Oh my. At least he plagiarized himself and not something like, say, the Bible. When I was working for a private Christian school in Louisiana, I was responsible for one class one year. Since it was a "filler" class, they didn't require an actual teacher per se in there and since I was the only staff member with free time at that point, I was shoved into this class of 6th graders. I can't remember what the writing assignment was that I issued but I can remember the one student and what happened. I was reading along in the homework and most did really well. Then I came across this one lil fella's work and it was beautifully written. About a couple paragraphs in, I realized it looked familiar...very familiar. Infact, I knew what page it was... You see, he plagiarized the Bible. I knew simply because I'd read those very passages not 2 days prior. Needless to say, I had to have a conversation with his very embarrassed mother.

Amy said...


While, in retrospect, I regret this because of my awful vocabulary, in the seventh grade, we used to fill our vocab workbooks with the word cheese in all the blanks because the teacher just walked by looking for words.

Life with Kaishon said...

Wow. The kid does have a good mind to think of an idea like that : ). I hope he didn't get in too much trouble. 5 out of 6 great paragraphs is pretty good : )

Susie said...

That is too funny! He cheated and not well:-(

S.E. Sward said...

The ingenuity of the dishonest student knows no bounds. The great irony is that he no doubt invested more time trying to figure out how to fraudulently fill 5 pages for the assignment than he would have spent had he actually done the assignment to begin with. *sigh*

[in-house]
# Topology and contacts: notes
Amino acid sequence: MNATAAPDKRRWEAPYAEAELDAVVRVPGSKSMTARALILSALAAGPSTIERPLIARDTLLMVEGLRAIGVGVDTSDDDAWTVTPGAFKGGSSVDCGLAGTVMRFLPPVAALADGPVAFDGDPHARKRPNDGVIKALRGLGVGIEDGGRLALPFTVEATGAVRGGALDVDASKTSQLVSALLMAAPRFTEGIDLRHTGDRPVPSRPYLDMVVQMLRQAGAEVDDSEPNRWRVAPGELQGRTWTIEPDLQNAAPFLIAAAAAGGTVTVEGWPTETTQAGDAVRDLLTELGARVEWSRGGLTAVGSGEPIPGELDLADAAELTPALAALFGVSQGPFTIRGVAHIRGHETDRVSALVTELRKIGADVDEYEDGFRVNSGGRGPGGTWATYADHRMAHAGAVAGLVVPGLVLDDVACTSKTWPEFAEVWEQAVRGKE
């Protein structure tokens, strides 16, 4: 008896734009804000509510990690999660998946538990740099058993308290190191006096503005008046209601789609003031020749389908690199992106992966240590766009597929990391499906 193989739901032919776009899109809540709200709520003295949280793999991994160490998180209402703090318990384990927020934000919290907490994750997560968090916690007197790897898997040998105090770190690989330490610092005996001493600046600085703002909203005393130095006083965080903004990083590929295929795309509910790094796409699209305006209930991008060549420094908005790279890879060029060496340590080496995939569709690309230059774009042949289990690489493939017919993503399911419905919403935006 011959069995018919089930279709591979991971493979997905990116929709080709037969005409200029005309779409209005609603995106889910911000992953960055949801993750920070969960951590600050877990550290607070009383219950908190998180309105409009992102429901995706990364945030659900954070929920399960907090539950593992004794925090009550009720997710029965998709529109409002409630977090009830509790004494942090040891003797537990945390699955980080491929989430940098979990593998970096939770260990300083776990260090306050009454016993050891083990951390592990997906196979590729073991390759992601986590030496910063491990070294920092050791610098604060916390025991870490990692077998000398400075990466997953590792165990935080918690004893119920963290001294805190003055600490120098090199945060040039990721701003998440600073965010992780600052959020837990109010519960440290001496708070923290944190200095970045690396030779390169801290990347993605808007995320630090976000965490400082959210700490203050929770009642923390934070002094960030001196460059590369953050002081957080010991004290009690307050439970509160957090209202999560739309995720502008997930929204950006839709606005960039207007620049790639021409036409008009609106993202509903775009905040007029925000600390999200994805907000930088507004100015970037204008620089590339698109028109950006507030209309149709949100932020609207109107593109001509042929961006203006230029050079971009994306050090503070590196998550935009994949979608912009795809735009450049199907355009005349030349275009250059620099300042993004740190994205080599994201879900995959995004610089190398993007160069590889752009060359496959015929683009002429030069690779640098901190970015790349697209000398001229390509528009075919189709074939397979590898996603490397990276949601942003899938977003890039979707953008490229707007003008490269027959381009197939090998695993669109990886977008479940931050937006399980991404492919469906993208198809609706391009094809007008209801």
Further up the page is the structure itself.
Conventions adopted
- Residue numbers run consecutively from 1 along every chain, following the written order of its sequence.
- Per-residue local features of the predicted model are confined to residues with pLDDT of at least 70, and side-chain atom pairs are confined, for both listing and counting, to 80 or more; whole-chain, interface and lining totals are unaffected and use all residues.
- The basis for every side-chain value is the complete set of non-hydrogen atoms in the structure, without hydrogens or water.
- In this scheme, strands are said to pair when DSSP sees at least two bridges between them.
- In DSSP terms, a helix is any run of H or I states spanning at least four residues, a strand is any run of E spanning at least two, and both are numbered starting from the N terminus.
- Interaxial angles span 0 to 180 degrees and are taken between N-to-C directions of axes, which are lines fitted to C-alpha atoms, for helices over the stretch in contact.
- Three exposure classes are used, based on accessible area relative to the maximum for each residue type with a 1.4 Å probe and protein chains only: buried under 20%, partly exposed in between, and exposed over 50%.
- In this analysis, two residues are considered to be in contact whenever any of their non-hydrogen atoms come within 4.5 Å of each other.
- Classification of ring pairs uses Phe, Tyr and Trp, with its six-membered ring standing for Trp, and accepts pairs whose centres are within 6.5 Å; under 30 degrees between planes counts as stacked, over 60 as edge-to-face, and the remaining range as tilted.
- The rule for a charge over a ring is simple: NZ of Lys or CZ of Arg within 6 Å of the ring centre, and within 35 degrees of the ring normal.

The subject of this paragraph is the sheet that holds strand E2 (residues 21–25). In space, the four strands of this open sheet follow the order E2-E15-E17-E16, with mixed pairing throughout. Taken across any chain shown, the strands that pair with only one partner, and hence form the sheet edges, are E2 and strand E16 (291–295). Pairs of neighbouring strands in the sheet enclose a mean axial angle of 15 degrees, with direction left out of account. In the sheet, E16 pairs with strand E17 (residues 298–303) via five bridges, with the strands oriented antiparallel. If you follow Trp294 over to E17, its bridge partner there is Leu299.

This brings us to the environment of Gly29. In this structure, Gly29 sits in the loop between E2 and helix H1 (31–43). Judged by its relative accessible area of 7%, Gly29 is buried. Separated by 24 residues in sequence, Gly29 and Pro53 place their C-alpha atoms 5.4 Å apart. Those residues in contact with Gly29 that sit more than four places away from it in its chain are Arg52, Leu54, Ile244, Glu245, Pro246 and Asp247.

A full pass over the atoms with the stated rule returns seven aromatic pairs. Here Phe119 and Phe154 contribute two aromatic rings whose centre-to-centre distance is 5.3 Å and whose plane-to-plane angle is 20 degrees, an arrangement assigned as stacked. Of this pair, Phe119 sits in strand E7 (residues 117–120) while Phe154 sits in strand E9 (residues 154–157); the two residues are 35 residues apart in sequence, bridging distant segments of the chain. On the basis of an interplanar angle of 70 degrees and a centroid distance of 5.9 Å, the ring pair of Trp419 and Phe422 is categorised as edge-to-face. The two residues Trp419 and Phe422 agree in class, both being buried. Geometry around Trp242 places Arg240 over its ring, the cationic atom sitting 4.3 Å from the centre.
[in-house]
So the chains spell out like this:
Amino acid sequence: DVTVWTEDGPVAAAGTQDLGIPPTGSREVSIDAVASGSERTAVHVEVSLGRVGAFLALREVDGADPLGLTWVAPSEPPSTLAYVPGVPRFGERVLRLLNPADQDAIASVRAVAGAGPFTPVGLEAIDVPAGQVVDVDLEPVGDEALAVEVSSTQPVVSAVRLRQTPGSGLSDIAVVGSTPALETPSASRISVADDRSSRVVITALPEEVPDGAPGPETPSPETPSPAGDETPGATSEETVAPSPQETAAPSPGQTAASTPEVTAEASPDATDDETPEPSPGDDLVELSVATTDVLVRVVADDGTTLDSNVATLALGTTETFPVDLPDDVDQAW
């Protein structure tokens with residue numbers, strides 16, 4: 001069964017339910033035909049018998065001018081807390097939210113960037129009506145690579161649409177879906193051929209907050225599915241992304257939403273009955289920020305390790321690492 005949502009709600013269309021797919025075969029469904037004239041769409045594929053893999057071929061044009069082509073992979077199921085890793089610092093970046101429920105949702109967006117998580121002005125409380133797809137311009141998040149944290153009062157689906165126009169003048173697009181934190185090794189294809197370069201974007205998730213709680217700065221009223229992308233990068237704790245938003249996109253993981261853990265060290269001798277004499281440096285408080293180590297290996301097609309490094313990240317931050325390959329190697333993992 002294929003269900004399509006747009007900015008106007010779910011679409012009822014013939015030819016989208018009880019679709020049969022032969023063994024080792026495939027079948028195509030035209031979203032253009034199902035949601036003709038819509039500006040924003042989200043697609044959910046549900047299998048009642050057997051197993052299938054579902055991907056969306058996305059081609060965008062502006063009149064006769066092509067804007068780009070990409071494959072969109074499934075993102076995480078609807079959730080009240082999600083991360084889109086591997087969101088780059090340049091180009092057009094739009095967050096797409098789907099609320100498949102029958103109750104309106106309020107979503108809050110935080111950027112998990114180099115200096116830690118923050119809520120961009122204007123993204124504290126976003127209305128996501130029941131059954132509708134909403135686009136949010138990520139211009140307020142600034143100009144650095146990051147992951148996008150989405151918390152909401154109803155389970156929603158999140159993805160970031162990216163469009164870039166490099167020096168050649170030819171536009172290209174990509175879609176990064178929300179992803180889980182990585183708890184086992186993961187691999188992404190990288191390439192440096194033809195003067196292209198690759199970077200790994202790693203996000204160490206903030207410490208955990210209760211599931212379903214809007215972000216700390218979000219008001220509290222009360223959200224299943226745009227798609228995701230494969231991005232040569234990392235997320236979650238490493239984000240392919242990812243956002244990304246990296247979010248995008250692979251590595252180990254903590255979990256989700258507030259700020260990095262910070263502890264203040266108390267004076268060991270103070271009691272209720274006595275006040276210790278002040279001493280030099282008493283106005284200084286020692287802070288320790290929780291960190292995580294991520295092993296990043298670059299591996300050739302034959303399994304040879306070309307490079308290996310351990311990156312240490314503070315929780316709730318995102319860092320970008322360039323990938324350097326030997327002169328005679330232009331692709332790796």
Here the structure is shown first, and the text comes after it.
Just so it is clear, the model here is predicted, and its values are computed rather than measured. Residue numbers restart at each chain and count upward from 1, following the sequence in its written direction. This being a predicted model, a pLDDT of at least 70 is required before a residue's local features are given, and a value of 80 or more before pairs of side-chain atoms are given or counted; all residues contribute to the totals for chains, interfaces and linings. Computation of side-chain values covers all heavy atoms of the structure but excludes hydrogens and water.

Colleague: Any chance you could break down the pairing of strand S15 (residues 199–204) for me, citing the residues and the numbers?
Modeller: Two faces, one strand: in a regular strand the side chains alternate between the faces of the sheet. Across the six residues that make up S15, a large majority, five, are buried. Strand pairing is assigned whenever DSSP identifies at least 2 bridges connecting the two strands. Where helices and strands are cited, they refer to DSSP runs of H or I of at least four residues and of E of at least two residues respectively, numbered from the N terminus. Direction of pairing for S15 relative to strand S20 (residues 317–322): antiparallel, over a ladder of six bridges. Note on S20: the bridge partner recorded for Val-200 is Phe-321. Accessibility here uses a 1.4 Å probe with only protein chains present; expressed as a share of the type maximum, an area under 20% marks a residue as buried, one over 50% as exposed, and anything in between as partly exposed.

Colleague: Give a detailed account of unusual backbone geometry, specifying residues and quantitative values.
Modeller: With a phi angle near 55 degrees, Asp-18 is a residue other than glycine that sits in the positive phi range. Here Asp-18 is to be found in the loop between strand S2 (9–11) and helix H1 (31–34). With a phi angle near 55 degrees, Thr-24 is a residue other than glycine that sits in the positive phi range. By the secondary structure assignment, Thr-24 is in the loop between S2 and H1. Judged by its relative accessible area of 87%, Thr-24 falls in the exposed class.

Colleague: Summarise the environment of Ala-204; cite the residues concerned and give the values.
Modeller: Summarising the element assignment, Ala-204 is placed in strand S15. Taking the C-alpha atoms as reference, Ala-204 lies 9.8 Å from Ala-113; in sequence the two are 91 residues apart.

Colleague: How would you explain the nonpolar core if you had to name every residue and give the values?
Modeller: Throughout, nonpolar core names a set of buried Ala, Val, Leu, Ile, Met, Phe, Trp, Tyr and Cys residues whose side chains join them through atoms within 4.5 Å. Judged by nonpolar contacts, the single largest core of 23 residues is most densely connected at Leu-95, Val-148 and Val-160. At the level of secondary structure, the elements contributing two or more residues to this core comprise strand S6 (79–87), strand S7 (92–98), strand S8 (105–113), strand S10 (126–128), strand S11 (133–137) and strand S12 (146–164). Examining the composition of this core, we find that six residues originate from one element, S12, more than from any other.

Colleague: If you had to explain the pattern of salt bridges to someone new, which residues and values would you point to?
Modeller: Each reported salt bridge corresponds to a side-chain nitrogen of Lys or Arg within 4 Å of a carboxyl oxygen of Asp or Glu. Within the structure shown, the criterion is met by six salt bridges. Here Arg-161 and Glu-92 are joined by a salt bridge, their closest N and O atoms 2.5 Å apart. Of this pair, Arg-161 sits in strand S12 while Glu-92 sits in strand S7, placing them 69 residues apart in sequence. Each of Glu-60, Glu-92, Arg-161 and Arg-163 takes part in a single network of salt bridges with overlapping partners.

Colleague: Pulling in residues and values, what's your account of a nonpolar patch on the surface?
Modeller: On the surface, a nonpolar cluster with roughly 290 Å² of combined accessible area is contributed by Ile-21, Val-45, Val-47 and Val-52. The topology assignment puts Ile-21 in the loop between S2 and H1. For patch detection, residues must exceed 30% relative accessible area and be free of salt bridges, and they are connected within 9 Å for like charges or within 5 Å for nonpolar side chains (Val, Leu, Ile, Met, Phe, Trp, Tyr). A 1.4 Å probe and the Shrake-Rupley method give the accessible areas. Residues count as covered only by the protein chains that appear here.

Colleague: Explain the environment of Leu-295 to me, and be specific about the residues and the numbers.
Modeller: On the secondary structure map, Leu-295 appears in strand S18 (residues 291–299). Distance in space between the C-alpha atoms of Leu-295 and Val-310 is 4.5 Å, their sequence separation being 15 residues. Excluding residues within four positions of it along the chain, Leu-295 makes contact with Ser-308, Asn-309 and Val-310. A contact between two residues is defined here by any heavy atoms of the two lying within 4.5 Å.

Stopping by from SITS.

Mom of Three said...

Clever little boy. I hope he puts that mind to use for good and not evil. :-)

And @quilly - that's really funny! haha.

Tammy Howard said...


I got identical papers from a boyfriend and girlfriend once. Identical. Verbatim. And they had the nards to approach me - TOGETHER - after class to complain about their failing grades.

blueviolet said...

I wanna be mad at him and I am a little bit but there's still a piece of me that admires his gumption.

Tara R. said...

Oh my... that is hilarious! *snort* I will be giggling about this one for days.

Genny said...

Interesting. Oh my. Let me just pat you on the back though because it sounds like you've had a busy two weeks...120 papers? Wow.

CJ said...

That was a great post. Very creative.

As a (very-happily) retired teacher, I was feeling your pain at the 120 papers graded. I was always glad I didn't teach writing. However, I once was asked to help judge creative writing pieces for a contest. I was the only one who noticed that one of our best students had stolen her three entries from Rudyard Kipling.

My response to Mama Kat's writing workshop is HERE.

Tracy P. said...

That is funny! What a shame that he could take the time to write something as glowing as all that, and then not keep it up. Obviously the boy was talented.

I still remember cutting my teeth on "Five Paragraph Themes". Why did they wait until our senior year to teach us that format? It's like it all clicked for me--but really it's so simple that a fourth grader could do it. (My fourth grader. And his writing needs help so badly!) Maybe it's just that the teachers of younger grades don't want to grade them???

Miss Jo said...

Gosh, a copy-and-paste caper. I wonder how he really writes.